Mayors welcome N.B. government's expanded role combatting drug crime

Three mayors in New Brunswick say they support an initiative by the provincial government to partner with local police forces and the RCMP to tackle drug crime across the province. (Shane Magee/CBC - image credit)
Three mayors in New Brunswick say they support an initiative by the provincial government to partner with local police forces and the RCMP to tackle drug crime across the province. (Shane Magee/CBC - image credit)

New Brunswick mayors and a Liberal opposition critic are expressing support for the province's latest move to crack down on drug crime.

But some say they also hope the move — expected to result in more seizures of illicit drugs — is coupled with enhanced supports for those struggling with addiction.

The mayors of Woodstock, Saint John and Miramichi all say drug use and addiction can be linked to a rise in petty crime in their communities, and they are pleased the province is doing more to help local police forces combat the issue.

"I think you don't necessarily see it visibly on the street, but … we are aware that there are increasing issues with drugs and it shows up in criminal statistics with break and enters, thefts and things like that," said Woodstock Mayor Arthur Slipp.

The Department of Justice and Public Safety has formed seven "integrated enforcement units" across the province, aimed at tackling "street and mid-level drug and drug-related crimes," according to department spokesperson Judy Désalliers.

Sarah Morin/CBC
Sarah Morin/CBC

The initiative involves partnerships between the department, the RCMP and municipal police forces.

Désalliers did not say where the units are being set up, or which municipal forces are involved, but said the units are being staffed by nine RCMP officers, 10 municipal police officers, eight provincial peace officers and two criminal analysts.

Slipp said his town has been "very, very concerned" about increasing drug and drug-related crime for years, and has in turn put more money into its police force to combat it.

"We've added a significant number of officers to our force and we also have engaged with this major crime initiative that the province is starting, and we're very, very pleased to be involved, and we have a dedicated officer in the unit," Slipp said.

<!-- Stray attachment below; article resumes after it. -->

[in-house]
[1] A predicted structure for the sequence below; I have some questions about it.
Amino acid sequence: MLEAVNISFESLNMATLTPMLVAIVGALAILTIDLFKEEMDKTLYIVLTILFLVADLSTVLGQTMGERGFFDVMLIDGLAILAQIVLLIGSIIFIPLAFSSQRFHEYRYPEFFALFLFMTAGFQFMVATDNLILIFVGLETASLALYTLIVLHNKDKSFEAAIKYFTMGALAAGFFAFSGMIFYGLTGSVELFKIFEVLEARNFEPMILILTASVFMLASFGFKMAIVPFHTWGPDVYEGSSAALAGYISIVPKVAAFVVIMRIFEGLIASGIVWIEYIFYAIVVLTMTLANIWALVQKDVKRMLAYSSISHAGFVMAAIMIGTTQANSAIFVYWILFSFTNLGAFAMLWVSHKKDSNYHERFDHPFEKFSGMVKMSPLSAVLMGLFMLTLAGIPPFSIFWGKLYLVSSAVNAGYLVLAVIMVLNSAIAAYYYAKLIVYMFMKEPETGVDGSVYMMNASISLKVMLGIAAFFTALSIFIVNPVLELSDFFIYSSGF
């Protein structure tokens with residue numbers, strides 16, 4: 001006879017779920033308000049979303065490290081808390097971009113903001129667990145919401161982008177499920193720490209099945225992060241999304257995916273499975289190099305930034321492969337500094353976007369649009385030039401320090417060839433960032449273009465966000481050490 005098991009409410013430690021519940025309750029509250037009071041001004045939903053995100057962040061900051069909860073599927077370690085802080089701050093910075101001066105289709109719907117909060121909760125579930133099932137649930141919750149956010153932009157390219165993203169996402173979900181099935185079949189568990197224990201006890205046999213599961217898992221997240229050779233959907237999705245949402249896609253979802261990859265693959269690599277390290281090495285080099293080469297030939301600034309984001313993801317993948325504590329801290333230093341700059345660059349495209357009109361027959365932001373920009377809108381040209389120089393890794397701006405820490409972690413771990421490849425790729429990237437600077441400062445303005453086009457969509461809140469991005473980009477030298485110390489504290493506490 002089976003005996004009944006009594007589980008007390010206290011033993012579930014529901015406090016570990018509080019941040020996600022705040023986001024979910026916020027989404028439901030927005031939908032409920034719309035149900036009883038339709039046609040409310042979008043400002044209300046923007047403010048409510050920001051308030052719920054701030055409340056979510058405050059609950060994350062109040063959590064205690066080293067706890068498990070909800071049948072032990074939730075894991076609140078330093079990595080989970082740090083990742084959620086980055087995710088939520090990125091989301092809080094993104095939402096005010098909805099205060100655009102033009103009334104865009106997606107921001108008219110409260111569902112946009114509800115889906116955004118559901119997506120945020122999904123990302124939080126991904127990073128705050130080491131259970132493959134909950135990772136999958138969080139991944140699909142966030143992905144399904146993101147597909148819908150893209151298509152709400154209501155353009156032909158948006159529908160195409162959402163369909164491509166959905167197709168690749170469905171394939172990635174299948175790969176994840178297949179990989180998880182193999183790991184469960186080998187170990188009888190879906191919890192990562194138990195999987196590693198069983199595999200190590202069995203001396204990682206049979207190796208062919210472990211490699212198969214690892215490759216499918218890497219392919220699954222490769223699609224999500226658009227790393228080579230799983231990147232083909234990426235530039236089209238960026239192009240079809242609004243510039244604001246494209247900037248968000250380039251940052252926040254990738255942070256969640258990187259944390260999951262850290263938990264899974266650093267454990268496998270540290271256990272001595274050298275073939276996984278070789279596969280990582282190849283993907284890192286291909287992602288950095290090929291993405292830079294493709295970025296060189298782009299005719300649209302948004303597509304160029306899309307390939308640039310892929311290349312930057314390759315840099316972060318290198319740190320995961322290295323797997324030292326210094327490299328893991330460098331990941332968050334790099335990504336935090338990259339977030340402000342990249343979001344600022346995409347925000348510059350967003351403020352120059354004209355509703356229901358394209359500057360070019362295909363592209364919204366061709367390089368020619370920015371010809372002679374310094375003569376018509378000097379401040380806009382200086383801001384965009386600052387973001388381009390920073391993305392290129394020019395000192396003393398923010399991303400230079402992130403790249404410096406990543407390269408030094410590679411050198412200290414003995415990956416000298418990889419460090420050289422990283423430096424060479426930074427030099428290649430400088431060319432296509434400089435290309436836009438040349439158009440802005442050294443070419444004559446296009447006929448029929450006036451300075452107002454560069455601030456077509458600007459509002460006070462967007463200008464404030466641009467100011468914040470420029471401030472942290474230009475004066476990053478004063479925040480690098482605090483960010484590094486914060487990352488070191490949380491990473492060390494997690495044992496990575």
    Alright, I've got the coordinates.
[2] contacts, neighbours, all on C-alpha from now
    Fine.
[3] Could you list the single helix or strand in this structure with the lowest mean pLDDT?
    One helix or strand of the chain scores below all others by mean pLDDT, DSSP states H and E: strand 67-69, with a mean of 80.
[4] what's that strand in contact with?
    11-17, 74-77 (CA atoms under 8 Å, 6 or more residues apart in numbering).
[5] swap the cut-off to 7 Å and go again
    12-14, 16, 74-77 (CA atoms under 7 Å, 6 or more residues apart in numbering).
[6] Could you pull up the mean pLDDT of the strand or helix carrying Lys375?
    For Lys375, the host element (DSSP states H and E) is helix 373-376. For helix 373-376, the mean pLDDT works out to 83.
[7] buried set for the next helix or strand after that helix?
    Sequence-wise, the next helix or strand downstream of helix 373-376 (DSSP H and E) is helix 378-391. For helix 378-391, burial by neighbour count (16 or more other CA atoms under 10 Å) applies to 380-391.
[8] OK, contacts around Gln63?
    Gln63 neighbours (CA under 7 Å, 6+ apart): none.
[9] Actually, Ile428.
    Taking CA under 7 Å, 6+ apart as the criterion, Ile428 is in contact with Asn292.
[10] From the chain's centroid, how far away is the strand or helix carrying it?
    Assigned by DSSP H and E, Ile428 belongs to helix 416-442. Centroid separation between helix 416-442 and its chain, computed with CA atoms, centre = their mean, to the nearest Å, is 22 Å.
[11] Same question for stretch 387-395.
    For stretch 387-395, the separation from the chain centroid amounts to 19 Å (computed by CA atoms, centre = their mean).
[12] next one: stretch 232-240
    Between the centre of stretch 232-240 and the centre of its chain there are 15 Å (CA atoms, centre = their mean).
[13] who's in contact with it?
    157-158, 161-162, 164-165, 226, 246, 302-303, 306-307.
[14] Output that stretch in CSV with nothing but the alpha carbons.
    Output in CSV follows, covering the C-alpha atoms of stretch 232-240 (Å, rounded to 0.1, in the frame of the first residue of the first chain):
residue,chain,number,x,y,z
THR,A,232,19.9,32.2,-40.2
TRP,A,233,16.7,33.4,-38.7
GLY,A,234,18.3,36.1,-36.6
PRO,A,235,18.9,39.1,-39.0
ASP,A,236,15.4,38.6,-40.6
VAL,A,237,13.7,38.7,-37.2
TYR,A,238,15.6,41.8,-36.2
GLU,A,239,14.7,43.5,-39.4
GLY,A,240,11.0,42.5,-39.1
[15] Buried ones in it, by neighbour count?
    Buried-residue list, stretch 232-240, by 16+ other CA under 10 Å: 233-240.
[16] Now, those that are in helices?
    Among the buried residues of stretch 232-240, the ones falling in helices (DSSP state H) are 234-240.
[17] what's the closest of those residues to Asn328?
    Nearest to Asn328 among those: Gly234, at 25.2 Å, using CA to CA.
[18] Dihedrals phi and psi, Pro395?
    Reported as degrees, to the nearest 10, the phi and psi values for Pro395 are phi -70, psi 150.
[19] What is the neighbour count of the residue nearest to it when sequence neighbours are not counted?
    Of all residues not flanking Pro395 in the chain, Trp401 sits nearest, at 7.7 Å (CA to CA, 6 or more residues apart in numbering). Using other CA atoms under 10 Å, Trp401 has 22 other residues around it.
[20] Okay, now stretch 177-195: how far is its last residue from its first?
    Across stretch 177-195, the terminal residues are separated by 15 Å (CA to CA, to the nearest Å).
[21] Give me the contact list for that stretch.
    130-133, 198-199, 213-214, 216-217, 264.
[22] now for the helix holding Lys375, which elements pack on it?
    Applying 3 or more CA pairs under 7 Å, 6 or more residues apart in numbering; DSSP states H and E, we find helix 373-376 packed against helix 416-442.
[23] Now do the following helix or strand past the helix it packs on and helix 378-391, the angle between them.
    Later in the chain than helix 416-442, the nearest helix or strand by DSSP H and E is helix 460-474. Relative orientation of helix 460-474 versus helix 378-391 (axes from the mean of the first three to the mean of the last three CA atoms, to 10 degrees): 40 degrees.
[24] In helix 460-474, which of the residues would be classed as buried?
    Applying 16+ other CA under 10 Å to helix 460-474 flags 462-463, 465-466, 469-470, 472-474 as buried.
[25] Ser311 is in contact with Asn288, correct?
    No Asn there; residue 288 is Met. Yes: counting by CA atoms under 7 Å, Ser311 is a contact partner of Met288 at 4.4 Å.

Balancing with addiction support

Saint John Mayor Donna Reardon said she hadn't heard about the new initiative by the province, noting the Saint John Police Force is administered by an arms-length commission, rather than by the city.

However, she said she supports the concept considering the city has seen an increase in drug overdoses, along with robberies and other petty crimes connected to drugs.

"Any support to the police or police forces in the province that would help solve some of that on-the-street, on-the-ground crime would be absolutely welcome," she said.

Hadeel Ibrahim/CBC
Hadeel Ibrahim/CBC

At the same time, she said she hopes efforts by police focus on cracking down on those trafficking and dealing drugs, rather than those who are simply users battling addiction.

"More arrests of the person who just has an addiction issue is not not the answer."

In April, Dorothy Shephard, New Brunswick's health minister at the time, announced her government would spend $174.9 million for addiction and mental health services, as part of the 2022-2023 budget.

This came as Finance Minister Ernie Steeves, in his budget speech in March, said his government was making a point of investing in both policing and addiction support to solve the problems around drug crime.

Shane Magee/CBC
Shane Magee/CBC

Miramichi Mayor Adam Lordon said while he's pleased the province is beefing up police forces' capacity to fight drug crime, similarly tangible initiatives have yet to hit the ground for mental health and addiction support in his community.

"It's important that those increased [policing] efforts also be partnered or paired with increased efforts when it comes to preventing addictions and preventing people from getting into a cycle of drug use in the first place," Lordon said.

That sentiment was shared by Shediac-Beaubassin-Cap-Pelé MLA Jacques LeBlanc, who serves as the public safety critic.

In an email statement to CBC News, he said there is "definitely a big role for enforcement" when it comes to large traffickers, but it's important to give more supports for those struggling with addiction.

"This is a serious issue that needs to be addressed from both angles," LeBlanc said.